He taught French at the home of Calvin Rood in Great Barrington, Massachusetts, on 23 June 1869, he married one of his students, Mary Eliza Plummer, in New York City. She was the daughter of William Kelly Plummer and wife Harriet A. Taylor, the Clemenceaus had three children together before the marriage ended in a contentious divorce. During this time, he joined French exile clubs in New York opposing the imperial regime, Clemenceau returned to Paris after the French defeat at the Battle of Sedan in 1870 during the Franco-Prussian War and the fall of the Second French Empire. When the Paris Commune seized power in March 1871, he tried unsuccessfully to find a compromise between the radical leaders and the commune and the more conservative French government
Paris is the capital and most populous city of France. It has an area of 105 square kilometres and a population of 2,229,621 in 2013 within its administrative limits, the agglomeration has grown well beyond the citys administrative limits. By the 17th century, Paris was one of Europes major centres of finance, fashion and the arts, and it retains that position still today. The aire urbaine de Paris, a measure of area, spans most of the Île-de-France region and has a population of 12,405,426. It is therefore the second largest metropolitan area in the European Union after London, the Metropole of Grand Paris was created in 2016, combining the commune and its nearest suburbs into a single area for economic and environmental co-operation. Grand Paris covers 814 square kilometres and has a population of 7 million persons, the Paris Region had a GDP of €624 billion in 2012, accounting for 30.0 percent of the GDP of France and ranking it as one of the wealthiest regions in Europe. The city is a rail and air-transport hub served by two international airports, Paris-Charles de Gaulle and Paris-Orly.
Opened in 1900, the subway system, the Paris Métro. It is the second busiest metro system in Europe after Moscow Metro, Paris Gare du Nord is the busiest railway station in the world outside of Japan, with 262 millions passengers in 2015. In 2015, Paris received 22.2 million visitors, making it one of the top tourist destinations. The association football club Paris Saint-Germain and the rugby union club Stade Français are based in Paris, the 80, 000-seat Stade de France, built for the 1998 FIFA World Cup, is located just north of Paris in the neighbouring commune of Saint-Denis. Paris hosts the annual French Open Grand Slam tennis tournament on the red clay of Roland Garros, Paris hosted the 1900 and 1924 Summer Olympics and is bidding to host the 2024 Summer Olympics. The name Paris is derived from its inhabitants, the Celtic Parisii tribe. Thus, though written the same, the name is not related to the Paris of Greek mythology. In the 1860s, the boulevards and streets of Paris were illuminated by 56,000 gas lamps, since the late 19th century, Paris has been known as Panam in French slang.
Inhabitants are known in English as Parisians and in French as Parisiens and they are pejoratively called Parigots. The Parisii, a sub-tribe of the Celtic Senones, inhabited the Paris area from around the middle of the 3rd century BC. One of the areas major north-south trade routes crossed the Seine on the île de la Cité, this place of land and water trade routes gradually became a town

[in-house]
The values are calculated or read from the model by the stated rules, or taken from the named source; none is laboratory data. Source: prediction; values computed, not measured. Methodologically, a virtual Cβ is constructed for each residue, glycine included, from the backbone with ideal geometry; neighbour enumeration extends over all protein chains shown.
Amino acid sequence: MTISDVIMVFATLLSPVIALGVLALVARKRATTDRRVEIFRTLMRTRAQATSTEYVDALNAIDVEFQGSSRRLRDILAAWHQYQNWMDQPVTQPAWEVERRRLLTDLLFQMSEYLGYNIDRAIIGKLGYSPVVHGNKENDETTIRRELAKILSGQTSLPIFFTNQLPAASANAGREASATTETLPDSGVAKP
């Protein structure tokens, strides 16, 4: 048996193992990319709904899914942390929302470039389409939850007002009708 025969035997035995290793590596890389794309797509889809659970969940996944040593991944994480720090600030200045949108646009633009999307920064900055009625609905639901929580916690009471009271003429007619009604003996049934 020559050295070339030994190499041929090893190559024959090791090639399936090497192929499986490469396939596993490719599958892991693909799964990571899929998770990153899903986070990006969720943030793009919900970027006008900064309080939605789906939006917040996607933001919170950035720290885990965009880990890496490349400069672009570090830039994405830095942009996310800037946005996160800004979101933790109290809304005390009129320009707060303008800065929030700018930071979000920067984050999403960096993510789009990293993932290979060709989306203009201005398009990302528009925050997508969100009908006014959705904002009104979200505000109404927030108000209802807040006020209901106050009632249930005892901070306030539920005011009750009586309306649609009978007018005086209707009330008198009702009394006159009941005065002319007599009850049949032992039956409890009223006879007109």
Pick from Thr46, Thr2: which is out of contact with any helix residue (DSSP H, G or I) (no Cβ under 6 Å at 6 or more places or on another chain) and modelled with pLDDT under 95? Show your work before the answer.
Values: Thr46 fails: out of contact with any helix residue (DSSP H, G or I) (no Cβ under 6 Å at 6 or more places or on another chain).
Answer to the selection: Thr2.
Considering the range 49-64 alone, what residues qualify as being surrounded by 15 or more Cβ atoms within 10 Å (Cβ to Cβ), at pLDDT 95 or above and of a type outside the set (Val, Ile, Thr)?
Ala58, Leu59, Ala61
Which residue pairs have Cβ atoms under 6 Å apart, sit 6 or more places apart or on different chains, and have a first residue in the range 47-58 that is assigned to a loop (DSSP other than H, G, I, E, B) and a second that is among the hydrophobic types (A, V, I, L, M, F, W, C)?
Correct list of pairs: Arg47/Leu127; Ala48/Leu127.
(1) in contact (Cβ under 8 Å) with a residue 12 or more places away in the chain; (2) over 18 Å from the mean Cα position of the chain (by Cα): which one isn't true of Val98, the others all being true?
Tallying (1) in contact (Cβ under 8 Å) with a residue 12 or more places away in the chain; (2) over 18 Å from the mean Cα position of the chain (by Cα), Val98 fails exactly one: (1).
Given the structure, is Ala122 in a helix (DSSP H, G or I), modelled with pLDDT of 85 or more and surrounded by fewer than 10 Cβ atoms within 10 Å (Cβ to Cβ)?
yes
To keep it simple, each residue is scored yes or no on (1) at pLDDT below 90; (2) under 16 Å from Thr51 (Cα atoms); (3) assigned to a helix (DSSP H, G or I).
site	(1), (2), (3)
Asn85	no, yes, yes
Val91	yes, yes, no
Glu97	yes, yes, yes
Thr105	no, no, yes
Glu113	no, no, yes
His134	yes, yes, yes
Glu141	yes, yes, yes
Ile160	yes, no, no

Prime Minister of France
The French Prime Minister in the Fifth Republic is the head of government and of the Council of Ministers of France. During the Third and Fourth Republics, the head of government position was called President of the Council of Ministers, the Prime Minister proposes a list of ministers to the President of the Republic. Decrees and decisions of the Prime Minister, like almost all decisions, are subject to the oversight of the administrative court system. Few decrees are taken after advice from the Council of State, all prime ministers defend the programs of their ministry, and make budgetary choices. The extent to which those decisions lie with the Prime Minister or President depends upon whether they are of the same party, manuel Valls was appointed to lead the government in a cabinet reshuffle in March 2014, after the ruling Socialists suffered a bruising defeat in local elections. The Prime Minister is appointed by the President of the Republic, the President can choose whomever they want.
On the other hand, because the National Assembly does have the power to force the resignation of the government, for example, right after the legislative election of 1986, President François Mitterrand appointed Jacques Chirac prime minister. Chirac was a member of the RPR and an opponent of Mitterrand. Despite the fact that Mitterrands own Socialist Party was the largest party in the Assembly, the RPR had an alliance with the UDF, which gave them a majority. Such a situation, where the President is forced to work with a minister who is an opponent, is called a cohabitation. So far, Édith Cresson is the woman to have ever held the position of prime minister. Aristide Briand holds the record for most nomination as Prime Minister with 11 between 1909 and 1929 with some terms as short as 26 days, other members of Government are appointed by the President on the recommendation of the Prime Minister. The Prime Minister can engage the responsibility of his or her Government before the National Assembly and this process consists of placing a bill before the Assembly, and either the Assembly overthrows the Government, or the bill is passed automatically.
In addition to ensuring that the Government still has support in the House, the Prime Minister may submit a bill that has not been yet signed into law to the Constitutional Council. Before he is allowed to dissolve the Assembly, the President has to consult the Prime Minister, the office of the prime minister, in its current form, dates from the formation of the French Third Republic. Under the French Constitutional Laws of 1875, he was imbued with the powers as his British counterpart. In practice, the minister was a fairly weak figure. Most notably, the legislature had the power to force the cabinet out of office by a vote of censure